Students endure a simulated earthquake during the annual Great California ShakeOut earthquake drill on Oct. 16, 2014.
On Monday, a bot led to incorrect information going out on Twitter. That’s hardly unprecedented. But this case was different: It was the Los Angeles telling the public there had been a 6.8 magnitude earthquake in Isla Vista, California, even though no such quake had taken place.
The tweet was prompted by an alert from the U.S. Geological Survey that said the earthquake happened on June 29, 2025. But it was actually referring to a real earthquake that happened almost a century ago.
So how did this happen?
A system at USGS records ground motion, analyzes is compared to other motion in the area to detect where it’s coming from, and then declares if an earthquake is occurring. This week, researchers tried to update the location of an earthquake from 1925. Thanks to a bug with the software that sends out email updates, subscribers received an email notification telling them an earthquake had occurred in 2025.
The Los Angeles Times Quakebot received this information and did what it’s designed to do: It wrote up basic information about the quake (location and magnitude) and then tweeted it out. As Will Oremus explained in Slate in 2014, the bot is in place not to replace real, live journalists, but to make it easier to release quick information about emergency situations.
However, this small mistake led some to think an actual, fairly large earthquake had taken place. Had that had been true, that’s guaranteed to change your day around a bit, especially if you’re a local reporter.
Soon enough people were taking to Twitter to ask what was going on. The Los Angeles Times quickly deleted the tweet and published an article explaining what had occurred.
So does this flub suggest that we should stop depending on bots to alert people to earthquakes? Lucy Jones, a seismologist and USGS scientist emerita, doesn’t think so.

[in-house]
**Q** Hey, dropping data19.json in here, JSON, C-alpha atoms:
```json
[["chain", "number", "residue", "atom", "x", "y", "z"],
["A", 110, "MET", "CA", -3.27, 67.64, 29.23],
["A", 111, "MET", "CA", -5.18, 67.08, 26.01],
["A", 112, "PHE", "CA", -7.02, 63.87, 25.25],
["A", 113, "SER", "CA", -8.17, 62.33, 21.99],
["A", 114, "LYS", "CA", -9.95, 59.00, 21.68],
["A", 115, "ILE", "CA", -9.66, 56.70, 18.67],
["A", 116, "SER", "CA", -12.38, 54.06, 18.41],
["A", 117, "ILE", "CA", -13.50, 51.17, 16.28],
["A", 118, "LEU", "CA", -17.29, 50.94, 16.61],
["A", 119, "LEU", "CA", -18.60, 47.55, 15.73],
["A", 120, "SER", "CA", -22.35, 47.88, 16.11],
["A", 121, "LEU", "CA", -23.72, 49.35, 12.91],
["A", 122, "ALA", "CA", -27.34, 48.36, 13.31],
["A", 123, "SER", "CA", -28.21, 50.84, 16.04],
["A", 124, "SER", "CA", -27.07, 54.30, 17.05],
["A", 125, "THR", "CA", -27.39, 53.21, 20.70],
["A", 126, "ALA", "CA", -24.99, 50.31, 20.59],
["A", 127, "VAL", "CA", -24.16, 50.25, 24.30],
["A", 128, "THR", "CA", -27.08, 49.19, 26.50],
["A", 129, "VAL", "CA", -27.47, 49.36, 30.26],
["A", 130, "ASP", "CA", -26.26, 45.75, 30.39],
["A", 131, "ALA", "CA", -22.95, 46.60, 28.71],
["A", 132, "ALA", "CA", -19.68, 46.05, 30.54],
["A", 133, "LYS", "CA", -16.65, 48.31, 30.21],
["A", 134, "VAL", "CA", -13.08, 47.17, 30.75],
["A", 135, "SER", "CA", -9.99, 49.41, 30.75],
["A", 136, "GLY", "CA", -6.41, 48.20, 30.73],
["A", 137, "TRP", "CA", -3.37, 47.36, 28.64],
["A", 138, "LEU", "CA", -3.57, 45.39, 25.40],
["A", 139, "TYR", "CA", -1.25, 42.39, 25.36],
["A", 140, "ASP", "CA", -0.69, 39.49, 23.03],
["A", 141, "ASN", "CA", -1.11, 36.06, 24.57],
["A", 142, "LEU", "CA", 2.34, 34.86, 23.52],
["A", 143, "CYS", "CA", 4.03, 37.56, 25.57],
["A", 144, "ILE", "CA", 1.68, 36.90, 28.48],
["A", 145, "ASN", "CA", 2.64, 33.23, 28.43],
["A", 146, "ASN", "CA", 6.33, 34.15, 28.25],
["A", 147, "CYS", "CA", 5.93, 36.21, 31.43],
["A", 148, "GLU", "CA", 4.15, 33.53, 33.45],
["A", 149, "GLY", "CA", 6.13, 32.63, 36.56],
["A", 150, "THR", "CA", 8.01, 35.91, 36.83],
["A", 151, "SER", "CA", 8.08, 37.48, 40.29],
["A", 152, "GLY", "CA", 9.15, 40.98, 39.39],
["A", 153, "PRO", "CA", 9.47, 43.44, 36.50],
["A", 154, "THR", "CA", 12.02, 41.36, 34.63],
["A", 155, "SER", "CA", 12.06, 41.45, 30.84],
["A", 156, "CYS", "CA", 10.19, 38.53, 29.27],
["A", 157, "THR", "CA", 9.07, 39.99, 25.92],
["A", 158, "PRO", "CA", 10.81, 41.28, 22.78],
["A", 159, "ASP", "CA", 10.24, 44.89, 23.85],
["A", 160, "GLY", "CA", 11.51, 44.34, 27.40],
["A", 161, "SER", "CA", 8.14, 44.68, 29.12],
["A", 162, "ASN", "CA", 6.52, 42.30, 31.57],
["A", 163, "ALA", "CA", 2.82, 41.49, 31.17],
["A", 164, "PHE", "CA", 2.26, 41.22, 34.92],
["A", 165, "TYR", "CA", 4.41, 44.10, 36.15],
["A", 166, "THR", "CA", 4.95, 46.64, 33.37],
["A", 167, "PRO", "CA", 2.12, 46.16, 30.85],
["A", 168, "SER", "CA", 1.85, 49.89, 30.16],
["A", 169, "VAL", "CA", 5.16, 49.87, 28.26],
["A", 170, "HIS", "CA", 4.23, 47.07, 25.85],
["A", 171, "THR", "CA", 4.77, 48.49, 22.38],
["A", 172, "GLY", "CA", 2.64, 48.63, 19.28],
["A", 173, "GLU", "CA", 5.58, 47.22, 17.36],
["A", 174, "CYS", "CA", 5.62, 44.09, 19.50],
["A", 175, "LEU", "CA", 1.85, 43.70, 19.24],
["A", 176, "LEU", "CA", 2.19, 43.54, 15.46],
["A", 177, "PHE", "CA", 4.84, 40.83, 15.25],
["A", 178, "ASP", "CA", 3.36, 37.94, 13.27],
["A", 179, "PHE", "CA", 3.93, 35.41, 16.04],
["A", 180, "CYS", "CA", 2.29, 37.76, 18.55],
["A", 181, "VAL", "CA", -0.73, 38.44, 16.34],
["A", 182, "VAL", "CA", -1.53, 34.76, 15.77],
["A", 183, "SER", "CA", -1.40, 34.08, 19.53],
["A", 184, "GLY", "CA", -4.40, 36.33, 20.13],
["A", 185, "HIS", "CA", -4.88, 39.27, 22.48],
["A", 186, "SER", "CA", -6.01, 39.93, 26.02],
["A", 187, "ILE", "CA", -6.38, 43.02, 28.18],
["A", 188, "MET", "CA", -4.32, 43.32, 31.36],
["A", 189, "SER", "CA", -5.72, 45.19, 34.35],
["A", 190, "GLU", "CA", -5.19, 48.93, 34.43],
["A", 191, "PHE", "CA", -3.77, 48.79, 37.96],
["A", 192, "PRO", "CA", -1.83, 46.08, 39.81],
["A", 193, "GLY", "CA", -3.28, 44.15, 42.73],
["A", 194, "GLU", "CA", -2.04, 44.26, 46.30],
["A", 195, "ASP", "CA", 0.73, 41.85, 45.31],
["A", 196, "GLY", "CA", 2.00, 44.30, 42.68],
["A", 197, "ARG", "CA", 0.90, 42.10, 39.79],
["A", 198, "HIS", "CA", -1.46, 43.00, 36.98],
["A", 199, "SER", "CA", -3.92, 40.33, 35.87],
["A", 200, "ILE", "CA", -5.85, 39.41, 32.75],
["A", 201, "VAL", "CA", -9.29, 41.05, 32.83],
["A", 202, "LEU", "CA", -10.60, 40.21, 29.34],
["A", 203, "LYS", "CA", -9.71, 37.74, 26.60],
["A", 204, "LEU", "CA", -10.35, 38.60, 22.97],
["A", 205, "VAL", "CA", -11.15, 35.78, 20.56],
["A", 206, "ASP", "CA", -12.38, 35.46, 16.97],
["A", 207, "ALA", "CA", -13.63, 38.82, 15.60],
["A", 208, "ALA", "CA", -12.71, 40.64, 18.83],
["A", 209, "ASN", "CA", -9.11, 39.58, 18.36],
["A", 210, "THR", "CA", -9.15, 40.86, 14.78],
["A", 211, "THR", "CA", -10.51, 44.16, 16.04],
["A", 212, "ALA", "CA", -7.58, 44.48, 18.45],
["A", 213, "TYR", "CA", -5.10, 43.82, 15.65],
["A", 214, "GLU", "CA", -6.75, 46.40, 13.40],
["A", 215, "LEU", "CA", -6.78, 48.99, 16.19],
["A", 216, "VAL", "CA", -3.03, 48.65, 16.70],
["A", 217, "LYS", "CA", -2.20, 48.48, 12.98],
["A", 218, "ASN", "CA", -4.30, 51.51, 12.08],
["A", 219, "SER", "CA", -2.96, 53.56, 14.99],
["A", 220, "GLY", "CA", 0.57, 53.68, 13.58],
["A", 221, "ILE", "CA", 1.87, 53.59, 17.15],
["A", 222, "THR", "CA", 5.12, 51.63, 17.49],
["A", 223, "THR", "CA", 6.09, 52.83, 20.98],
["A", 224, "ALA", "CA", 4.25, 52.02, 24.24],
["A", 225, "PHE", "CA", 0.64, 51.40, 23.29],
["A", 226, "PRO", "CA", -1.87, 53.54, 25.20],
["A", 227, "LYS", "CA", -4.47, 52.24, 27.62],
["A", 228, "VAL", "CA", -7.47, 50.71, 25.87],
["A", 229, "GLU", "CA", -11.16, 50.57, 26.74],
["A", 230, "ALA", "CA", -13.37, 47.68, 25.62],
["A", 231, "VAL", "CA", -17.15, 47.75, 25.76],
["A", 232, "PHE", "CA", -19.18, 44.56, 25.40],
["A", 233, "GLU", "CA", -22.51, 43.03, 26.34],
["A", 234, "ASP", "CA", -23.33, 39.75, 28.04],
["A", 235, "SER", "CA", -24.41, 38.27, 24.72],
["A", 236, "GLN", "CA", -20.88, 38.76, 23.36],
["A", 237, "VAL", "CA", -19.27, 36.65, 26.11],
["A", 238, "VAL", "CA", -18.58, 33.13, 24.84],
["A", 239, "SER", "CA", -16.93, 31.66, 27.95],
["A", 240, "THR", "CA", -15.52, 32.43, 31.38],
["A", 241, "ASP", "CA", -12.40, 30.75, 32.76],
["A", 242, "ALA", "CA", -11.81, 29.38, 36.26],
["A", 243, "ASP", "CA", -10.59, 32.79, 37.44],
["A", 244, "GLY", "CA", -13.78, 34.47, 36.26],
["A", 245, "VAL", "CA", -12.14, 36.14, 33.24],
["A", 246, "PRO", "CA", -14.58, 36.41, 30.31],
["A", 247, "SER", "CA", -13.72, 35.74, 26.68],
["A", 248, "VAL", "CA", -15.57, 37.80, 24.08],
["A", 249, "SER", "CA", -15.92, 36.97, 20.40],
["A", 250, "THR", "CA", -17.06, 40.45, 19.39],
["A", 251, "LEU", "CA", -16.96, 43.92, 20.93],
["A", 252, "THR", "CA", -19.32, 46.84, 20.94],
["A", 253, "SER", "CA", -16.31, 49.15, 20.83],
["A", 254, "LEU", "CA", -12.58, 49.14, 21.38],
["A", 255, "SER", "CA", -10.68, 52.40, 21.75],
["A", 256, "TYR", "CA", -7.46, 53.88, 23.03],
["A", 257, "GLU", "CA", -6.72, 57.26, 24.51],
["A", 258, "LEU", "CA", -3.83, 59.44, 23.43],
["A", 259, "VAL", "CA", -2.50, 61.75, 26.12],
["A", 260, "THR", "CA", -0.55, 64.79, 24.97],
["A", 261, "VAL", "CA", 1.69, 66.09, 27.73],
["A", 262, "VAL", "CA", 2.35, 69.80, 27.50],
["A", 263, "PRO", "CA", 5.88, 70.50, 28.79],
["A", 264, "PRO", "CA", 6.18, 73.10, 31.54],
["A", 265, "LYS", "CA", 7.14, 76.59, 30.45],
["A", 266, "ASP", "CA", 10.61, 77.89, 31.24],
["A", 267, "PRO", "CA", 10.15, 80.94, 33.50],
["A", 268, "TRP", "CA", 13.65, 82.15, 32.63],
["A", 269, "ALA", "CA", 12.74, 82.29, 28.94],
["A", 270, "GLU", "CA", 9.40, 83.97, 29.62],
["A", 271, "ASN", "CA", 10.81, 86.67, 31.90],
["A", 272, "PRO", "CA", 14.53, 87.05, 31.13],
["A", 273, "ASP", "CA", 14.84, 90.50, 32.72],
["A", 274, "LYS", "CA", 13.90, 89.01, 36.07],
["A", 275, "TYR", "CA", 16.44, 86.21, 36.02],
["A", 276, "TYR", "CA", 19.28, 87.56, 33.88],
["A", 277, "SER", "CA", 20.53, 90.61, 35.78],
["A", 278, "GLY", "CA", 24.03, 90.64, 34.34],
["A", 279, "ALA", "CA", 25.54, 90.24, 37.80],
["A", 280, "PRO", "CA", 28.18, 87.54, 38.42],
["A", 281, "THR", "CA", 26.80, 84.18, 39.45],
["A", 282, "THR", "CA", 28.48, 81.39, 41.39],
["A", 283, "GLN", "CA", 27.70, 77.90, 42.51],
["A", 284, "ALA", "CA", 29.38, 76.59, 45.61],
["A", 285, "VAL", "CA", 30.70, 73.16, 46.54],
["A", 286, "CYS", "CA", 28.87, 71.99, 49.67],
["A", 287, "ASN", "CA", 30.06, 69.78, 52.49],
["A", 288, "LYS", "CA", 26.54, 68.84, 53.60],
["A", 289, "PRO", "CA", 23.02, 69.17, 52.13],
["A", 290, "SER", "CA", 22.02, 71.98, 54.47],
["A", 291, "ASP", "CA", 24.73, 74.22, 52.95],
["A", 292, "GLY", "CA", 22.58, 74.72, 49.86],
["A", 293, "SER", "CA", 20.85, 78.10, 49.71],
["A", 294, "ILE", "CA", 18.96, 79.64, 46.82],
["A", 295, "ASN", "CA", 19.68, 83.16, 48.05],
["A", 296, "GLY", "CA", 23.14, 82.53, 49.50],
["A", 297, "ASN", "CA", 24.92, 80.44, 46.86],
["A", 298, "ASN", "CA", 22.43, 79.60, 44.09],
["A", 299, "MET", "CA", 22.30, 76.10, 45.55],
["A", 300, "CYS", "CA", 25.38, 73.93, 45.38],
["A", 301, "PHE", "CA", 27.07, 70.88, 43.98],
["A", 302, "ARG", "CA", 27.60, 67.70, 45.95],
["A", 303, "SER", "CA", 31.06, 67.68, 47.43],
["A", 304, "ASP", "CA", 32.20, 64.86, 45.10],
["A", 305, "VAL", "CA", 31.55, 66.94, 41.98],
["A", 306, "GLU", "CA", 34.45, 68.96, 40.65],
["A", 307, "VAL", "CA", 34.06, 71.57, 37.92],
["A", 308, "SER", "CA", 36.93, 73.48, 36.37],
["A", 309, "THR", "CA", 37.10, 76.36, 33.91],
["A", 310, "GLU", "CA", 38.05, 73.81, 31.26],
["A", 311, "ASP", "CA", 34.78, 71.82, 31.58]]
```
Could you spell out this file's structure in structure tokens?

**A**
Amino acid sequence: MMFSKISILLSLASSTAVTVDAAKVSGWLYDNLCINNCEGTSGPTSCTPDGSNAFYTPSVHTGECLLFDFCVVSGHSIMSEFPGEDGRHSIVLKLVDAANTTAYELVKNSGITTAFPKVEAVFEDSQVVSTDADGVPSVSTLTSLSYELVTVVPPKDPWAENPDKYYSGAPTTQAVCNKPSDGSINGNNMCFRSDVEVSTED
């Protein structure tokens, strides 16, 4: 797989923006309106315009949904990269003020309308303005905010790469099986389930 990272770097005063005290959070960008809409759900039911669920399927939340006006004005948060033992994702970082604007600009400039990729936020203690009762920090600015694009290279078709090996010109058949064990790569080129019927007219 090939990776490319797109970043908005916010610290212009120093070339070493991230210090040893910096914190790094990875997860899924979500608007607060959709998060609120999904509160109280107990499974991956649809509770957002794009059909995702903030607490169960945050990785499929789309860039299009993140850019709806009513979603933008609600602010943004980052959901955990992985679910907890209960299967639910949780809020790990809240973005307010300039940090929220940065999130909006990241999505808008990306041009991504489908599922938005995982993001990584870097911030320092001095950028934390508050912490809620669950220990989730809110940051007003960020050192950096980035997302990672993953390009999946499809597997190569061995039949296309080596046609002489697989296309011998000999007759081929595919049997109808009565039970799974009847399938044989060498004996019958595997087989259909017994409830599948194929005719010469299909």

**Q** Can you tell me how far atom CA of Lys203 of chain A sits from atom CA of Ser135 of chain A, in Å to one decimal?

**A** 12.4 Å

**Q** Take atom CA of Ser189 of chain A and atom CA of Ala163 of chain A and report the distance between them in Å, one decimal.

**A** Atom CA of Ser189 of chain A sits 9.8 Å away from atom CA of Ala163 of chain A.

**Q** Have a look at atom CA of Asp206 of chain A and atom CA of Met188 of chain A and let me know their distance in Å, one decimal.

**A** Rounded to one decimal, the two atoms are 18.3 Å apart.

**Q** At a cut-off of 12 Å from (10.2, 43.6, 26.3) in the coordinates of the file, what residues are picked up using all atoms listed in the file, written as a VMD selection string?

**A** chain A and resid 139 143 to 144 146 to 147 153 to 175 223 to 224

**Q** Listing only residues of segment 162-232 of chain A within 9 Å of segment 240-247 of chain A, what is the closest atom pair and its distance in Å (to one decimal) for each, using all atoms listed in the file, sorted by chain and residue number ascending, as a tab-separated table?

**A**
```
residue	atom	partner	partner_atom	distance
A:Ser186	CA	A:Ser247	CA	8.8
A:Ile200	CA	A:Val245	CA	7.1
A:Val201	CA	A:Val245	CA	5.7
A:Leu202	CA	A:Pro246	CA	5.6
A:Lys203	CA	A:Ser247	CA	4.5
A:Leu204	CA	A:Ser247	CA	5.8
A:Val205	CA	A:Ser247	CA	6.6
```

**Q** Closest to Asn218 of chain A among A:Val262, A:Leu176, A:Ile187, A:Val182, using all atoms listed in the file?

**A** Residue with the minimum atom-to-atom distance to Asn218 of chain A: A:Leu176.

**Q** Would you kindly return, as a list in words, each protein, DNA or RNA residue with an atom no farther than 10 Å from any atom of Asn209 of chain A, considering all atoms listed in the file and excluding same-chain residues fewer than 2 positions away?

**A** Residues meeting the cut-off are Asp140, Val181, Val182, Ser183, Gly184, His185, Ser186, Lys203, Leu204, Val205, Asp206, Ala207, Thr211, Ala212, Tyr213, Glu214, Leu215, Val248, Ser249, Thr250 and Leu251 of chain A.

Previously, updates would have to be run by a person, and Jones said that takes too much time in the case of a real emergency.
“The only way to not have misinformation is to not have information. [The bot] is completely accurate if the USGS email’s accurate,” she said. “This is the first mistake of this type that we’ve seen … and now it’s been fixed.” She thinks the bot is still worthwhile, particularly because when we expect flawless information, we stop thinking about where that data came from.
“I’m a little concerned about how people think information just sort of magically appears,” Jones said. “We get so accustomed to the weather showing up on our watch now, you don’t think about the billions of dollars of satellites and people and computers that go in to do weather modeling.”
Thankfully, this mistake doesn’t seem like a career ending move for the Los Angeles Times bot. Hopefully other early detection systems can also stay in place, like the tsunami monitoring stations in the Pacific Ocean, which this administration seeks to cut U.S. funding for.
Future Tense is a partnership of Slate, New America, and Arizona State University.